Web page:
Mould and Damp – Updated Guidance in the Private Rented Sector

SHARE POST

Ensuring fitness for human habitation.

Mould and damp are now referenced in a variety of acts governing how landlords manage repair and maintenance of their rental properties.

Private landlords are required to ensure that the home is fit for human habitation. Being at the start and during the tenancy. Under landlord and tenant act 1995, with “freedom from damp” listed as a condition.

This act was then amended by the homes (fitness for human habitation) act 2018.

This points to landlords to the housing health and safety rating system, commonly known as HHSRS. Outlining the 29 circumstances where a property can be deemed for unfit human habitation including damp and mould. It also sharers advice on how to determine the presence of those key hazards in the rental home.

The HHSRS assessment is not currently necessary for courts to decide if the home is fit for human habitation. However, local authorities can use it to identify those hazards and enforce action against landlords.

The Government want to create decent homes.

The Decent Homes Standard does not currently apply to private rented sector. But will do soon under the rental reform bill with proposals that are being introduced to making them meet the standard legal obligation.

The standard refers to damp and mould as one of the hazard to identify through HHSRS. It also shares the rating system is not a standard in itself. It simply “concerned with avoiding or, at the very least, minimizing potential hazard”.

The Governments renters reform bill will ensure that homes in private rented sector are warm and dry and say its unacceptable for renters living in damp or mouldy homes.

How to keep a property fit for human habitation.

There is landlords guidance under the homes (fitness for human habitation) act 2018 that places obligation on landlords to keep structure and exterior of the property as well as service installation such as water supply in a good state of repair.

This also includes damp and mould issues that arise due to lack of maintenance or structural problems in a rented property. The landlord must take action to rectify these.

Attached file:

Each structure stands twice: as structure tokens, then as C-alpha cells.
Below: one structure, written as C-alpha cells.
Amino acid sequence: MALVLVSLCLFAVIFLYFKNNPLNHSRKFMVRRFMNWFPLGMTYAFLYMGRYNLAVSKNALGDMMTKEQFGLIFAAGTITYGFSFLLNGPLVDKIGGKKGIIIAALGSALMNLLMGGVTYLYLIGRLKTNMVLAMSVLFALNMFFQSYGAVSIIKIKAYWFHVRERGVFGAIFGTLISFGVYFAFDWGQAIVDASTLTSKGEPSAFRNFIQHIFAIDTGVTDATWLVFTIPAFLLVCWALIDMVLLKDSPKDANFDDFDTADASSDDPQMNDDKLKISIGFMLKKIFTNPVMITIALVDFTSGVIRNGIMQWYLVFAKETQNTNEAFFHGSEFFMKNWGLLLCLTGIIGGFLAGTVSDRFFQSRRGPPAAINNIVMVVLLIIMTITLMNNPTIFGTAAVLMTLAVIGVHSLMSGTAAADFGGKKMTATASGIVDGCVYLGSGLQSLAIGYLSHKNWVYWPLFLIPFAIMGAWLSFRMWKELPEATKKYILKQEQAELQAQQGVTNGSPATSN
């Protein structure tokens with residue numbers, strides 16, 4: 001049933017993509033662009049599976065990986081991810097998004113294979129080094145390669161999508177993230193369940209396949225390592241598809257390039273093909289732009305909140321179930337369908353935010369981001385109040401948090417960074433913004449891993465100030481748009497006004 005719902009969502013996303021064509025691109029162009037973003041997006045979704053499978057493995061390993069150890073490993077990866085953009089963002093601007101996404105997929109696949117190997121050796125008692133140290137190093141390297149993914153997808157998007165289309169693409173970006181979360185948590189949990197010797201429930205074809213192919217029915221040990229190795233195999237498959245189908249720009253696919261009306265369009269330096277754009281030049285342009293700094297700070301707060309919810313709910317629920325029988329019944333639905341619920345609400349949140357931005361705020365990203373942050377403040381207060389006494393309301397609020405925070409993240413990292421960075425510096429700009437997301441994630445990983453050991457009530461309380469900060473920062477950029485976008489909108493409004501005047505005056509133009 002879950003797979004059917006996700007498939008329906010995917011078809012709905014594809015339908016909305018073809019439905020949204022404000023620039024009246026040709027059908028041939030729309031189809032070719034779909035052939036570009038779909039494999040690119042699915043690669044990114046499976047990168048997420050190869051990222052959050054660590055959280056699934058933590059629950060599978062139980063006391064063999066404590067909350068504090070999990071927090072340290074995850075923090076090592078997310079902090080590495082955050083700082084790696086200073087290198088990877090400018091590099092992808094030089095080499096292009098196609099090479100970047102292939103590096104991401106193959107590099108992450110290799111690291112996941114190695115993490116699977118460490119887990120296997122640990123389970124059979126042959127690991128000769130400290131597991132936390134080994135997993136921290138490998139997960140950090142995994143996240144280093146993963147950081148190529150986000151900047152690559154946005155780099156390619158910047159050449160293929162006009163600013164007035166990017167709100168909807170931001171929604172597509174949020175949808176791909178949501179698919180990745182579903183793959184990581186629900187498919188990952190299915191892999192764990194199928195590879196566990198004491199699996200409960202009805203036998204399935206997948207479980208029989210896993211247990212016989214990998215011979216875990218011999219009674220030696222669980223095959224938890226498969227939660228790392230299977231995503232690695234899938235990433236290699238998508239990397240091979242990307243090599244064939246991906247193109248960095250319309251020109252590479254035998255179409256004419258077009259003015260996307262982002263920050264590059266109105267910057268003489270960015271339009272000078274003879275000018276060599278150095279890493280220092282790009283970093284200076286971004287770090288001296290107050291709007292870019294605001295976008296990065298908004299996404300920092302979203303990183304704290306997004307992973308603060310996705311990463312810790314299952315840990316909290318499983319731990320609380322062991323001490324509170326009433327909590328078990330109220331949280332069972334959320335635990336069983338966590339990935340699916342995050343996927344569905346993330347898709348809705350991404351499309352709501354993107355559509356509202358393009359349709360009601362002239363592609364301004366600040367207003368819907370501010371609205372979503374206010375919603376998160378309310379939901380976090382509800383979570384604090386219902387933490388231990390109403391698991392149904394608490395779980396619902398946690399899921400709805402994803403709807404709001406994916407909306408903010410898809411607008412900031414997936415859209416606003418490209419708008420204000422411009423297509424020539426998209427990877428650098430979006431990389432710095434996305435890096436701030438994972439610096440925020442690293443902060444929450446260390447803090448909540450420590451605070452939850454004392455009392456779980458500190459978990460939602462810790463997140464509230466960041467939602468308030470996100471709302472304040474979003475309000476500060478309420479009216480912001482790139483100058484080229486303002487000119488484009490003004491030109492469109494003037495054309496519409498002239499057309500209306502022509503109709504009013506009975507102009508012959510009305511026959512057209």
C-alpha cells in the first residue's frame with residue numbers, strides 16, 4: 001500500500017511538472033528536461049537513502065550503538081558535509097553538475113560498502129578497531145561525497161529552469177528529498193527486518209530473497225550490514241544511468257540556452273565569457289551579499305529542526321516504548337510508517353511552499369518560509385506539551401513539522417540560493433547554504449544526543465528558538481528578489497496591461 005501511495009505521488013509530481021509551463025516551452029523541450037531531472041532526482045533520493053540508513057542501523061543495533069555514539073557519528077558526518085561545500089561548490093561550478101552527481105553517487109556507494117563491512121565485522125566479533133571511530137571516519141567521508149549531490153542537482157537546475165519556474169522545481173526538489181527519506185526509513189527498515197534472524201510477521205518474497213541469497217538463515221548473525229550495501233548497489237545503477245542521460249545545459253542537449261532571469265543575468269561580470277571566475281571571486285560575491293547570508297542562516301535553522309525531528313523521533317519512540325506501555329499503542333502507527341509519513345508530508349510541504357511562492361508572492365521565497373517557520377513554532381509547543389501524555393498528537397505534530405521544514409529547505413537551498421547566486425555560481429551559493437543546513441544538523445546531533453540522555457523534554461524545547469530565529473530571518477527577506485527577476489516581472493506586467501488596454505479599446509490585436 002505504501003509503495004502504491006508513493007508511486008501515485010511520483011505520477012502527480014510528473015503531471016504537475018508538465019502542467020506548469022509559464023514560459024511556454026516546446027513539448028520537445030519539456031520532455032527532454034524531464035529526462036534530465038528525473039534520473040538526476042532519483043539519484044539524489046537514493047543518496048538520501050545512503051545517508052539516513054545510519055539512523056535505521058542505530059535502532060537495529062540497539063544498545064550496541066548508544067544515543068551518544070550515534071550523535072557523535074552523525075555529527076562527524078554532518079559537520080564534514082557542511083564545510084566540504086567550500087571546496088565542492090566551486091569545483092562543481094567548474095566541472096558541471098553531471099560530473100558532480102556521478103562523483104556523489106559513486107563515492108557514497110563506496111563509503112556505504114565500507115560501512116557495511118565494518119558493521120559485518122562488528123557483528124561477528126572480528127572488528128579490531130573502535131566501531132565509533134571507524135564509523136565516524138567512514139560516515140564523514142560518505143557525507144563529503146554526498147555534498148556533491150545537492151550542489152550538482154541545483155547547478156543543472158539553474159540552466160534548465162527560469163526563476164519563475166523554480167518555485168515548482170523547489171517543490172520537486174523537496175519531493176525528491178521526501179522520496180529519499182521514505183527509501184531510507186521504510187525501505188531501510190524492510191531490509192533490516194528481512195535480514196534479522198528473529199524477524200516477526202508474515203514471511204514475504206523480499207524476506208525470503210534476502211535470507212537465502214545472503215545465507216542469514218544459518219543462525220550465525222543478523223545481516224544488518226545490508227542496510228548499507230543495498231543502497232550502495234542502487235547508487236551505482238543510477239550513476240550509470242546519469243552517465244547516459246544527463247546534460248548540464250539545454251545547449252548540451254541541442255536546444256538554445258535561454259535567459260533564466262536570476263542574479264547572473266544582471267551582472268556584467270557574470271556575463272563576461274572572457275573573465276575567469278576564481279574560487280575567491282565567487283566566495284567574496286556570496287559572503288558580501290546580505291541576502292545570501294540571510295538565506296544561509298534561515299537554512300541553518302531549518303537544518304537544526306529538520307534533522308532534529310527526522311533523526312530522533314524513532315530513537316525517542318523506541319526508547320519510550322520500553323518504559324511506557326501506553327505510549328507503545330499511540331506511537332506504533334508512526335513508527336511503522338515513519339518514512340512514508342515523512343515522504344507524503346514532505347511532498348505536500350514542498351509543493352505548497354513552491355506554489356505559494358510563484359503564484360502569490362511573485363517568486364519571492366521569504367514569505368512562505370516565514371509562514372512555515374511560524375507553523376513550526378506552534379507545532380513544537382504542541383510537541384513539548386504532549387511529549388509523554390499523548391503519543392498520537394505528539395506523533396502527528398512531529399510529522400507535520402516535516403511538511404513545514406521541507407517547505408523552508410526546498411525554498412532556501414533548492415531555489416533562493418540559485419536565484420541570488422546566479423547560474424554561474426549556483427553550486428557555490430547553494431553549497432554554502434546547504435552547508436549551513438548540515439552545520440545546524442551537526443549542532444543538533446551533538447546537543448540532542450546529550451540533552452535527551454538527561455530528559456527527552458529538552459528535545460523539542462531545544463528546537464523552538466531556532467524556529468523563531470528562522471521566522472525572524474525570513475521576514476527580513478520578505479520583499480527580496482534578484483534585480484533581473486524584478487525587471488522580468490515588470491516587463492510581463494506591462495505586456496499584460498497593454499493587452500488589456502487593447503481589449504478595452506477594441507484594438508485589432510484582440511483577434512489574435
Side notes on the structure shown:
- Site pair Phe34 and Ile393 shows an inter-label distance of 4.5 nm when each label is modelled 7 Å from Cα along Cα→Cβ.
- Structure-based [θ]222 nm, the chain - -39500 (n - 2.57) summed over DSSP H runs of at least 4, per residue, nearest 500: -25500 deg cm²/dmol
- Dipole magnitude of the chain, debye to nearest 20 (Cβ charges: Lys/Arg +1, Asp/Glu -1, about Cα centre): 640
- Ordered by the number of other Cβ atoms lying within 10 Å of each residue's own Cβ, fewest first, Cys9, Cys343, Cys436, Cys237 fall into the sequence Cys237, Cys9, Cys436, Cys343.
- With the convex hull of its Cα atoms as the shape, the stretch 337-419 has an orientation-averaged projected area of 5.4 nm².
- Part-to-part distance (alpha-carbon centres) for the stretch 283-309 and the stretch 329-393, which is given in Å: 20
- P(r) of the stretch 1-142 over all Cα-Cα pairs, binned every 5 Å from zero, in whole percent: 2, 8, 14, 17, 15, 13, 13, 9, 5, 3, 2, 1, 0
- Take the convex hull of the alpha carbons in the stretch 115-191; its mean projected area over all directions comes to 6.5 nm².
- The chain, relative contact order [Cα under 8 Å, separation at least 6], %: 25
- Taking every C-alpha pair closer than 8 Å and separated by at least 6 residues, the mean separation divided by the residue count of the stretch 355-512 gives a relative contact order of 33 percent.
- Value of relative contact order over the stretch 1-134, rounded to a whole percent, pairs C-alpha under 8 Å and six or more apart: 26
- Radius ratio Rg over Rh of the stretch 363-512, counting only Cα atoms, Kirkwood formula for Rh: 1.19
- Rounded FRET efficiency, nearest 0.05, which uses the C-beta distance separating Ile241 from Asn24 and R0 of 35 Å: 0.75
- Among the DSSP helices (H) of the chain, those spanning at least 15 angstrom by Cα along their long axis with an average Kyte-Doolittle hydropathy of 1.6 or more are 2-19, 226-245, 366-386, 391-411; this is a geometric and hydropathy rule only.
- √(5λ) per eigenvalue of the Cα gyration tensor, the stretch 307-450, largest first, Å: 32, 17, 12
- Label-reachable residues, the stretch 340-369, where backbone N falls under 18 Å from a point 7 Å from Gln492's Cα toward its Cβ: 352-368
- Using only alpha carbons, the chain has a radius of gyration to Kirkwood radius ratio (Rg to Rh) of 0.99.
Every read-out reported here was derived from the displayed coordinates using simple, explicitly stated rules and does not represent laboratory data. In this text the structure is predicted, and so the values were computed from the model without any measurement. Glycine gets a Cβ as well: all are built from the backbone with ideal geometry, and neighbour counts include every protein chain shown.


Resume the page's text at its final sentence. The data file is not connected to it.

If tenants find an issue with the property that they believe makes it unfit for human habitation, they will notify the landlord or agent in writing. The landlord then needs to deal with the issue in a “reasonable amount of time” according to the acts guidance.

The guidance suggests landlords wont need to remedy unfitness if it is caused by tenant behaviour. Ie damp causing mould through poor ventilation.

The tenant needs to ensure they adequately heat and ventilate the property to avoid damp building up and causing mould.

There is more guidance to come.

We understand the Government is currently viewing the HHSRS. There are a lot of reports that suggest that local authorities are inspecting rented properties who will be formally instructed to view the occupants behaviour when deciding to take action against the landlord on allegations on dangerous conditions.

Various MP’s have called for the Decent Homes Standard to make the obligation on landlords around damp and mould more explicit. The private renters ombudsman has outlined in the renters reform bill is expected to oversee tenants complaints in future to include those relates to mould and damp.

Ministers have also promised a lot more guidance on damp and mould in rented homes by the summer of 2023. This will mean clarity and potential change on the horizon for letting agents and landlords. We will keep you updated.

Mark Harrington Managing Director Iinsure 365

SHARE POST

Related Articles

Subscribe for all the latest updates from the iInsure365 News Centre